Everything with a microcontroller has serial buses in it. Busses like UART, I2C, and SPI are very popular choices. When you have a problem with a sensor that uses one or the bus itself, you can use an oscilloscope or logic analyzer to “decode” the traffic. These decoders convert the 1s and 0s into readable HEX or ASCII characters. I am not sure how I thought of the “multiple” James idea for the thumbnail. The…
If you need a reason to be an Element 14 member, let me suggest their Road Test program. Companies partner with Element14 to get people to try out their gear. A couple of years ago I got a new microcontroller board. This week I received a new test instrument. Here’s my hands-on Picoscope 2204 review.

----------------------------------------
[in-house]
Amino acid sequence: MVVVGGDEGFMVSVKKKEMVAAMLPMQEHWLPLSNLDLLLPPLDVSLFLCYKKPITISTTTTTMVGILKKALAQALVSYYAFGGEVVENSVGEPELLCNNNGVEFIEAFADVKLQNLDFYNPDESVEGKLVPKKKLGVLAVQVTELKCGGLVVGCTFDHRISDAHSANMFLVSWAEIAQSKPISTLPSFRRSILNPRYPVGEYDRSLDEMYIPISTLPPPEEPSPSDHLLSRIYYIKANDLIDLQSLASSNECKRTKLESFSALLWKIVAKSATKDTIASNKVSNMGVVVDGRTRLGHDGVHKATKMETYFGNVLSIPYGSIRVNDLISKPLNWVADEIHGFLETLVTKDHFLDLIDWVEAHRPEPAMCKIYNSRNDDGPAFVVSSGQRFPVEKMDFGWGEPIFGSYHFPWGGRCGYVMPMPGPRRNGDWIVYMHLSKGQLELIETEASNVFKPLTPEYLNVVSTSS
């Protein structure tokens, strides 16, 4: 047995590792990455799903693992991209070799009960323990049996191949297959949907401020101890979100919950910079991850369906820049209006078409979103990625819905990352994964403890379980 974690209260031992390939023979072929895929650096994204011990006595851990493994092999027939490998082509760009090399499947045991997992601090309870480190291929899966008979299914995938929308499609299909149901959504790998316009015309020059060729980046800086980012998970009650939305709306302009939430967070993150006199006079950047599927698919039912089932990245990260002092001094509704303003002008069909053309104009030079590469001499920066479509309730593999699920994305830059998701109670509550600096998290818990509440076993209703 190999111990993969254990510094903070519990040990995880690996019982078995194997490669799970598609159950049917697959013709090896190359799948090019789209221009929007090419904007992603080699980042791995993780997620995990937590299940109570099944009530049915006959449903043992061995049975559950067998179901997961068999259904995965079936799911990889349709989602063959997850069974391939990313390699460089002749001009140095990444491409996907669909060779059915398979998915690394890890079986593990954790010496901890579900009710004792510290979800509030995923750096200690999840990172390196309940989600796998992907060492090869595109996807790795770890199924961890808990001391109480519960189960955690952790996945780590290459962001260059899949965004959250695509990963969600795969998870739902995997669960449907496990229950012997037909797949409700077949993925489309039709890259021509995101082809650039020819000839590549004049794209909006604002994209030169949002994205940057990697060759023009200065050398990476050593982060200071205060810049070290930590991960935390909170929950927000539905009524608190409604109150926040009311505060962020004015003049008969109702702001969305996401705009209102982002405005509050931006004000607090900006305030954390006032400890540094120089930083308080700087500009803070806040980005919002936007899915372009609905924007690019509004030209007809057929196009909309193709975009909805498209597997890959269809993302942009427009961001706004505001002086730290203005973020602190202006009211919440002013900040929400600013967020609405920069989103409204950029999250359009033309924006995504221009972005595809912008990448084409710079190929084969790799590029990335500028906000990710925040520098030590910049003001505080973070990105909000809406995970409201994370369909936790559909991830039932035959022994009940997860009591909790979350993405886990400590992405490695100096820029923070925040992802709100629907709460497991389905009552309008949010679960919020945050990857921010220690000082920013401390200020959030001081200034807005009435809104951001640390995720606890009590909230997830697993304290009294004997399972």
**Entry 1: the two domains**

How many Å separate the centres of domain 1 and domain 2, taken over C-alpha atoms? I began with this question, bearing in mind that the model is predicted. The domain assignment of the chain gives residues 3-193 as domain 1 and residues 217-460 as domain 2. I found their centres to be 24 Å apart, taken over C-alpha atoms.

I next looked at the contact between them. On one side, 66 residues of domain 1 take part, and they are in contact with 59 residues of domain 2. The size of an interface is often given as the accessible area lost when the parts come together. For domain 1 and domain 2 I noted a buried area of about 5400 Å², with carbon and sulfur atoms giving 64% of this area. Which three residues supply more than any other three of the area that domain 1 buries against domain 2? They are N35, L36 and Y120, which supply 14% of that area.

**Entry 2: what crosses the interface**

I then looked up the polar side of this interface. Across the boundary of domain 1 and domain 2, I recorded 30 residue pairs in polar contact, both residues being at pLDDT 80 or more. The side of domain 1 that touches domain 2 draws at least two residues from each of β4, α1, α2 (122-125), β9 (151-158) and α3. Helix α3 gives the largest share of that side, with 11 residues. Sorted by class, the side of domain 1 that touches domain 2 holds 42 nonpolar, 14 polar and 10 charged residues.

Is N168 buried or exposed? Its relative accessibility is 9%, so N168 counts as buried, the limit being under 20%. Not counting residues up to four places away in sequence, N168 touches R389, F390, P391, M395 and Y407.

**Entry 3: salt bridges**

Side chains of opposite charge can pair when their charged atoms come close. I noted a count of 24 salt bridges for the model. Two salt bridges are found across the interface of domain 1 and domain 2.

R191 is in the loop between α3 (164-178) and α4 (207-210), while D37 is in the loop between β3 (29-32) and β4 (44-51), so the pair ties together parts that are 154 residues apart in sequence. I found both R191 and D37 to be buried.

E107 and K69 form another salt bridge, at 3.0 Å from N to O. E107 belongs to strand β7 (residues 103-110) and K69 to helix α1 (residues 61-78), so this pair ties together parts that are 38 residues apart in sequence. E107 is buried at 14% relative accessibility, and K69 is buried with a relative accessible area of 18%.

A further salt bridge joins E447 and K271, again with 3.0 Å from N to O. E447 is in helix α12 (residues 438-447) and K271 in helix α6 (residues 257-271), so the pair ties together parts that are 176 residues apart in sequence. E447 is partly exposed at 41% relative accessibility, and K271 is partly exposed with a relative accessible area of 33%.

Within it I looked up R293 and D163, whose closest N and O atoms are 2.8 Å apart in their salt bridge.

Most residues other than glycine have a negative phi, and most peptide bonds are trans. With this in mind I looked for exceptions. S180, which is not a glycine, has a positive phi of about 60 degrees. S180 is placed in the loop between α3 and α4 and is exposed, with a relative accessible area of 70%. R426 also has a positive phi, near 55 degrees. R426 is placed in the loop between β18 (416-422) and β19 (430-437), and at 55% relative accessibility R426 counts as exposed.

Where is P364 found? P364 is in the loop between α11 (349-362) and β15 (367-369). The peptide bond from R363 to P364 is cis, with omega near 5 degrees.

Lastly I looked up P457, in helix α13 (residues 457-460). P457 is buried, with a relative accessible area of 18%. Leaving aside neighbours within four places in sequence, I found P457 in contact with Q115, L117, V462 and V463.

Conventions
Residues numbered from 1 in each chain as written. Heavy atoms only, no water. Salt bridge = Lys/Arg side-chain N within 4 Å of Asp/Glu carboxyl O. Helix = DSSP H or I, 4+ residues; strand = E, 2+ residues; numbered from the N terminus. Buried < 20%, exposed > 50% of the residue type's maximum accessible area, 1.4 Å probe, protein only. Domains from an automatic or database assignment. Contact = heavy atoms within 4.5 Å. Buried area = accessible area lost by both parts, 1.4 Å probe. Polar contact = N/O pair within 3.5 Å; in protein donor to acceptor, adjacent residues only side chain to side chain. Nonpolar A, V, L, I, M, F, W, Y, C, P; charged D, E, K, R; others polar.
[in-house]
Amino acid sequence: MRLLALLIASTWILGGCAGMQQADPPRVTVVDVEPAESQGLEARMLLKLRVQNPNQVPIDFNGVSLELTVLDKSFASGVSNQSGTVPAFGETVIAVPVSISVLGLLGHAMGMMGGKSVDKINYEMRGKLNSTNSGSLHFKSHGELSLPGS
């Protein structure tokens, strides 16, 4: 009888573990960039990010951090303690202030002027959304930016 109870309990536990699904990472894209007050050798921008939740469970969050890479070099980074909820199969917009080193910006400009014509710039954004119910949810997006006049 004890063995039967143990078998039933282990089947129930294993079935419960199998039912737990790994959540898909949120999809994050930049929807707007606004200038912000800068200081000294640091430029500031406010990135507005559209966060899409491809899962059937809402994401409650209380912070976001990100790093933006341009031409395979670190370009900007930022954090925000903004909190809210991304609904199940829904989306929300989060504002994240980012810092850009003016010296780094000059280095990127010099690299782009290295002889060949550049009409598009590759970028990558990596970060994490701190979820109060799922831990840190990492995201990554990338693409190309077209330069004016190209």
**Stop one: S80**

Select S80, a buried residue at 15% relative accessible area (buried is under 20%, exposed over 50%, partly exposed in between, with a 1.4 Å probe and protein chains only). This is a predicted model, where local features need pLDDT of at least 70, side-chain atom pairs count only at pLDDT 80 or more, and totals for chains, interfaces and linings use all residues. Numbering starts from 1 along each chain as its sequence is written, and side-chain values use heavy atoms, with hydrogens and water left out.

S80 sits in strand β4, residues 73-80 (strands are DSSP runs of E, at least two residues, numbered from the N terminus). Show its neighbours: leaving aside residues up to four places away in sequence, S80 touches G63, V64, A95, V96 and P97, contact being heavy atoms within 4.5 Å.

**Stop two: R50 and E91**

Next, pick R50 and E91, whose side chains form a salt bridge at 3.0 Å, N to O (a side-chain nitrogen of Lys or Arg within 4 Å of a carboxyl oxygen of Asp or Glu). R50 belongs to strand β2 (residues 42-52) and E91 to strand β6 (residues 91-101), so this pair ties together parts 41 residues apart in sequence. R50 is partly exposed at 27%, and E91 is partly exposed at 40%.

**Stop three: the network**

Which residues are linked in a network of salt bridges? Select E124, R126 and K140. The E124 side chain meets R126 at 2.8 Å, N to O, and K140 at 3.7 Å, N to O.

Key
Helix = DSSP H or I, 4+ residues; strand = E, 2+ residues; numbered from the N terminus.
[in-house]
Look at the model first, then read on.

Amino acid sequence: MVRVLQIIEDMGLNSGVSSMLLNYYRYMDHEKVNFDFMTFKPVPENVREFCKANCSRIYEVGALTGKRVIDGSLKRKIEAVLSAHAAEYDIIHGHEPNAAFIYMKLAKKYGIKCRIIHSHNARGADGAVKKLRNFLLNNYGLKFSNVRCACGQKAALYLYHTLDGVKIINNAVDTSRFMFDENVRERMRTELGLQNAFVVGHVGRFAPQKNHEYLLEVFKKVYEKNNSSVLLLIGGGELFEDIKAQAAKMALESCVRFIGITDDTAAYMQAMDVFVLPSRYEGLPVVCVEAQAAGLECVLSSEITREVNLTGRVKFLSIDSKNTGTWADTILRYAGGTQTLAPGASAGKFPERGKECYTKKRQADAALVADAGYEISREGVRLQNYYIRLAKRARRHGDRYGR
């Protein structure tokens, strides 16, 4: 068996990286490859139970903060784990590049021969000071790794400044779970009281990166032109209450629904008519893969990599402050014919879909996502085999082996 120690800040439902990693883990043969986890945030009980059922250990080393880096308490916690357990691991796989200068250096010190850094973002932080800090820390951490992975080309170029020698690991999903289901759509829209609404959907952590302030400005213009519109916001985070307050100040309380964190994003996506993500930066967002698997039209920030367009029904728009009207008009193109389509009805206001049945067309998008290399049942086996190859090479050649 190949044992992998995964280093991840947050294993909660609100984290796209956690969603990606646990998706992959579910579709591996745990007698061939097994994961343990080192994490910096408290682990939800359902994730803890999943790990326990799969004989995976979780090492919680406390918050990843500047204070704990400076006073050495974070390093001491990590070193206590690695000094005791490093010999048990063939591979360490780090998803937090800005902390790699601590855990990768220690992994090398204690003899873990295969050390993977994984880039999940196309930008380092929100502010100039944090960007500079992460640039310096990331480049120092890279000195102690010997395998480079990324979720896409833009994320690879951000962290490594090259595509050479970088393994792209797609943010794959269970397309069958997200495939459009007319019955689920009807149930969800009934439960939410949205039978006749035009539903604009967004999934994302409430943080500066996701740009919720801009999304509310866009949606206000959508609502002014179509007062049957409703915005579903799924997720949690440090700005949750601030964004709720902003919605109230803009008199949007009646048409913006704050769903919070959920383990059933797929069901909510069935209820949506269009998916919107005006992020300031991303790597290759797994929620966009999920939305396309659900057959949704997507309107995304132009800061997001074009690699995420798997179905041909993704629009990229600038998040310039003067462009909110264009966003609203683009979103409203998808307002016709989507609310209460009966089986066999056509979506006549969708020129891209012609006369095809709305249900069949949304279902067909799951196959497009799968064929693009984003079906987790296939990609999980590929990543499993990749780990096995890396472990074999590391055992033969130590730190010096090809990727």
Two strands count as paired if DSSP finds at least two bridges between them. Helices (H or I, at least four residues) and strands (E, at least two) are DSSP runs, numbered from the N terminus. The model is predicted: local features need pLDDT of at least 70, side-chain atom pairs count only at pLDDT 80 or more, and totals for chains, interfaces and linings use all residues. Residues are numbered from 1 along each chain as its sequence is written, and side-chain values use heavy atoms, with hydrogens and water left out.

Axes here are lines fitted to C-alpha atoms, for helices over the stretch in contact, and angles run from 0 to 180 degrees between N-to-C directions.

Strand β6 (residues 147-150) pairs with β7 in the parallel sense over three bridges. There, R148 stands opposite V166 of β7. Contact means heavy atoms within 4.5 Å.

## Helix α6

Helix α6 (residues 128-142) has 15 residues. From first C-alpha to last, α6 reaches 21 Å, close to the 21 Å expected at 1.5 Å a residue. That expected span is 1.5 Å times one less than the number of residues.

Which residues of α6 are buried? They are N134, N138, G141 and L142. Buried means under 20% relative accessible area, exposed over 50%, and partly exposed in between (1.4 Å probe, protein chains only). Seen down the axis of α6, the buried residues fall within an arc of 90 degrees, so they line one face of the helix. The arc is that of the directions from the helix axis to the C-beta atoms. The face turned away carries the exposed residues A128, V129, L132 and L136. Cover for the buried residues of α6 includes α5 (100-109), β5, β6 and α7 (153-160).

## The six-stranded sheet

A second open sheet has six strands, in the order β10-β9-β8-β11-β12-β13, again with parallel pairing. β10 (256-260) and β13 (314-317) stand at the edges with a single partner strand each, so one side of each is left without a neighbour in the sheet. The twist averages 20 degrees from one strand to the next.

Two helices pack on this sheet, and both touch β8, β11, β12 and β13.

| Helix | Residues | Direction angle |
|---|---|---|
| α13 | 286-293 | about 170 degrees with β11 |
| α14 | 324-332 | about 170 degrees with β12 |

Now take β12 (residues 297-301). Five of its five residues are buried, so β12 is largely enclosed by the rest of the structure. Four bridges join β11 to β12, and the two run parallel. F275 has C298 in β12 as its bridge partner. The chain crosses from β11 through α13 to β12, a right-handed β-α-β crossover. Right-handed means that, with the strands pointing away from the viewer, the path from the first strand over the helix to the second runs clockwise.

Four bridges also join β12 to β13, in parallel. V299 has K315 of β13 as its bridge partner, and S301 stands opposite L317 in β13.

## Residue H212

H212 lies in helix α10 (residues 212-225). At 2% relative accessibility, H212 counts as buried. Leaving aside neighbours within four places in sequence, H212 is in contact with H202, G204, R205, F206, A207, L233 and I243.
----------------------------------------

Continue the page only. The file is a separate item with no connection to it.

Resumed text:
The scope is bus powered. With the BNCs and type-B USB connector, it is slightly larger than an external USB hard drive. There is not much weight to the device. It does not feel cheap, just lighter than I expected.
Getting the scope up and running is a breeze. Pico Tech included a CD (or DVD?) to install the software, but I could not find my drive to check it out. Software downloads from Pico Tech’s website work great. It looks like you can even download the software and use it in “Demo mode” if you are curious how it works–without purchasing anything.